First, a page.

Province of Jambi
Coat of arms of Jambi
Sepucuk Jambi Sembilan Lurah (Jambi Malay)
(One Jambi indigenous territory, formed by nine river settlements)
Location of Jambi in Indonesia
Location of Jambi in Indonesia
Coordinates: 1°35′S 103°37′E / 1.583°S 103.617°E / -1.583; 103.617
Established6 January 1957
and largest city
 • BodyJambi Provincial Government
 • GovernorAl Haris [id]
 • Vice GovernorAbdullah Sani [id]
 • Total49,026.58 km2 (18,929.27 sq mi)
 • Rank11th
500 m (1,600 ft)
Highest elevation3,805 m (12,484 ft)
 (mid 2022 estimate)[1]
 • Total3,631,136
 • Rank19th
 • Density74/km2 (190/sq mi)
  • Rank23rd
 • Ethnic groups43.57% Jambi Malays
29.10% Javanese
5.37% Other Malays
5.33% Minangkabau
3.46% Batak
3.33% Banjarese
3.13% Buginese
2.58% Sundanese
1.88% Palembang
1.215 Chinese
1.04% Others[2]
 • Religion95.08% Islam
3.88% Christianity
- 3.31% Protestant
- 0.58% Catholic
0.94% Buddhism
0.06% Folk religion
0.02% Confucianism
0.013% Hinduism[3]
 • LanguagesIndonesian (official)
Jambi Malay, Kerinci, Kubu (regional)
HDIIncrease 0.721 (High)
HDI rank19th in Indonesia (2022)
GRP NominalIncrease$15.40 billion[4]
GDP PPP (2019)Increase$50.33 billion[4]
GDP rank15th in Indonesia (2019)
Nominal per capitaUS$ 4,248 (2019)[4]
PPP per capitaUS$ 13,963 (2019)[4]
Per capita rank7th in Indonesia (2019)

Jambi is a province of Indonesia. It is located on the east coast of central Sumatra and spans to the Barisan Mountains in the west. Its capital and largest city is also called Jambi. It is bordered by the provinces of Riau to the north, West Sumatra to the west, Bengkulu to the southwest, South Sumatra to the south, and sharing a maritime border with the Riau Islands to the east and the Pacific Ocean to the east. The province has a land area of 49,026.58 km2, and a sea area of 3,274.95 km2. It had a population of 3,092,265 according to the 2010 census[5] and 3,548,228 according to the 2020 census;[2] the official estimate as at mid 2022 was 3,631,136.[1]


Mosque in Jambi, during the colonial period. ca 1900–1939.

Jambi was the site of the Melayu kingdom that engaged in trade throughout the Strait of Malacca and beyond. It was recorded as having sent a mission to China in 644 CE. It was annexed by Srivijaya by 685 CE, but tried to declare its independence in the 9th century. Jambi succeeded Palembang, its southern economic and military rival, as the major player in trade in the Malacca straits. After the 1025 Chola raids in Southeast Asia, Jambi still sent missions to China.[6]: 72, 114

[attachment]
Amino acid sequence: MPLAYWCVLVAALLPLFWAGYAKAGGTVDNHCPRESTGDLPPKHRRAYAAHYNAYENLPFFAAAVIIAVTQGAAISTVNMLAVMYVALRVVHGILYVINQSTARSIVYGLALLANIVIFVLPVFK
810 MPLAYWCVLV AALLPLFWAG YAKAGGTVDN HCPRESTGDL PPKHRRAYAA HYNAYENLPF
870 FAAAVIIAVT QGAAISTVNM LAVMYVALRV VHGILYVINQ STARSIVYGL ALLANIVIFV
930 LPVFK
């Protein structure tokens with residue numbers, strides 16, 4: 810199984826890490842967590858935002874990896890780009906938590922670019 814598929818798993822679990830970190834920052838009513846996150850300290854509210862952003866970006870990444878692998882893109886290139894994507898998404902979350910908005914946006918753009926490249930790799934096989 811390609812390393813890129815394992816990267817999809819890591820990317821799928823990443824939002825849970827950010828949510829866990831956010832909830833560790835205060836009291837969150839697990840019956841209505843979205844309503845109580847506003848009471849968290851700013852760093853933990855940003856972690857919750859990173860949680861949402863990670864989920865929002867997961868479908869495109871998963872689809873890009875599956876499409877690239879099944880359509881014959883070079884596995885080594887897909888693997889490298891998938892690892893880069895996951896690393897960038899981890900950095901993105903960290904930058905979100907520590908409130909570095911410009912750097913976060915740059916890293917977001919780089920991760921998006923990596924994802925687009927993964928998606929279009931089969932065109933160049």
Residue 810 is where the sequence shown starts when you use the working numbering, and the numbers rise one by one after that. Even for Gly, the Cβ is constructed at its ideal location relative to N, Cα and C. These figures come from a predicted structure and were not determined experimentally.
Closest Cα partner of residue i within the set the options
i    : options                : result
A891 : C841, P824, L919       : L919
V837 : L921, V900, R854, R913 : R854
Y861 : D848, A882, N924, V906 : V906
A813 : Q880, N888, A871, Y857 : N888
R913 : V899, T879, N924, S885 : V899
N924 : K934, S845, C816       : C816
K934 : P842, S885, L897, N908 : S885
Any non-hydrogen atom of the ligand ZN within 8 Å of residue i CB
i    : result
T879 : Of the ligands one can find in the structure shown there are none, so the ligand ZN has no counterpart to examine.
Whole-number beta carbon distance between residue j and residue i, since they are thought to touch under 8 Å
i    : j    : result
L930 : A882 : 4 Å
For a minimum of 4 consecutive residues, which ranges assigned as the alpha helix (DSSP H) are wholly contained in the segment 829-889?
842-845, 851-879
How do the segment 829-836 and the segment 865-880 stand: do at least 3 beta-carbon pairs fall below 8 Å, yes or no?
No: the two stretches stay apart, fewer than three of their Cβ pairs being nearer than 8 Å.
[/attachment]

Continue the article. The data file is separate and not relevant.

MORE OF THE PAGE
In the early decades of the Dutch presence in the region, when the Dutch were one of several traders competing with the British, Chinese, Arabs, and Malays, the Jambi Sultanate profited from trade in pepper with the Dutch. This relationship declined by about 1770, and the sultanate had little contact with the Dutch for about sixty years.[citation needed]

In 1833, minor conflicts with the Dutch East Indies who were well established in Palembang, meant the Dutch increasingly felt the need to control the actions of Jambi. They coerced Sultan Facharudin to agree to greater Dutch presence in the region and control over trade, although the sultanate remained nominally independent. In 1858 the Dutch, concerned over the risk of competition for control from other foreign powers, invaded Jambi with a force from their capital Batavia. They met little resistance, and Sultan Taha fled upriver, to the inland regions of Jambi. The Dutch installed a puppet ruler, Nazarudin, in the lower region, which included the capital city. For the next forty years Taha maintained the upriver kingdom, and slowly reextended his influence over the lower regions through political agreements and marriage connections. In 1904, however, the Dutch were stronger and, as a part of a larger campaign to consolidate control over the entire archipelago, managed to capture and kill Taha, and in 1906, the entire area was brought under direct colonial control.

Following the death of Jambi Sultan, Taha Saifuddin, on 27 April 1904 and the success of the Dutch controlled areas of the Sultanate of Jambi, Jambi then was set up as a Residency and entry into the territory Netherlands Indies. Jambi's first Resident OL Helfrich was appointed by the governor general under Dutch Decree No. 20, dated 4 May 1906, with his inauguration held on 2 July 1906.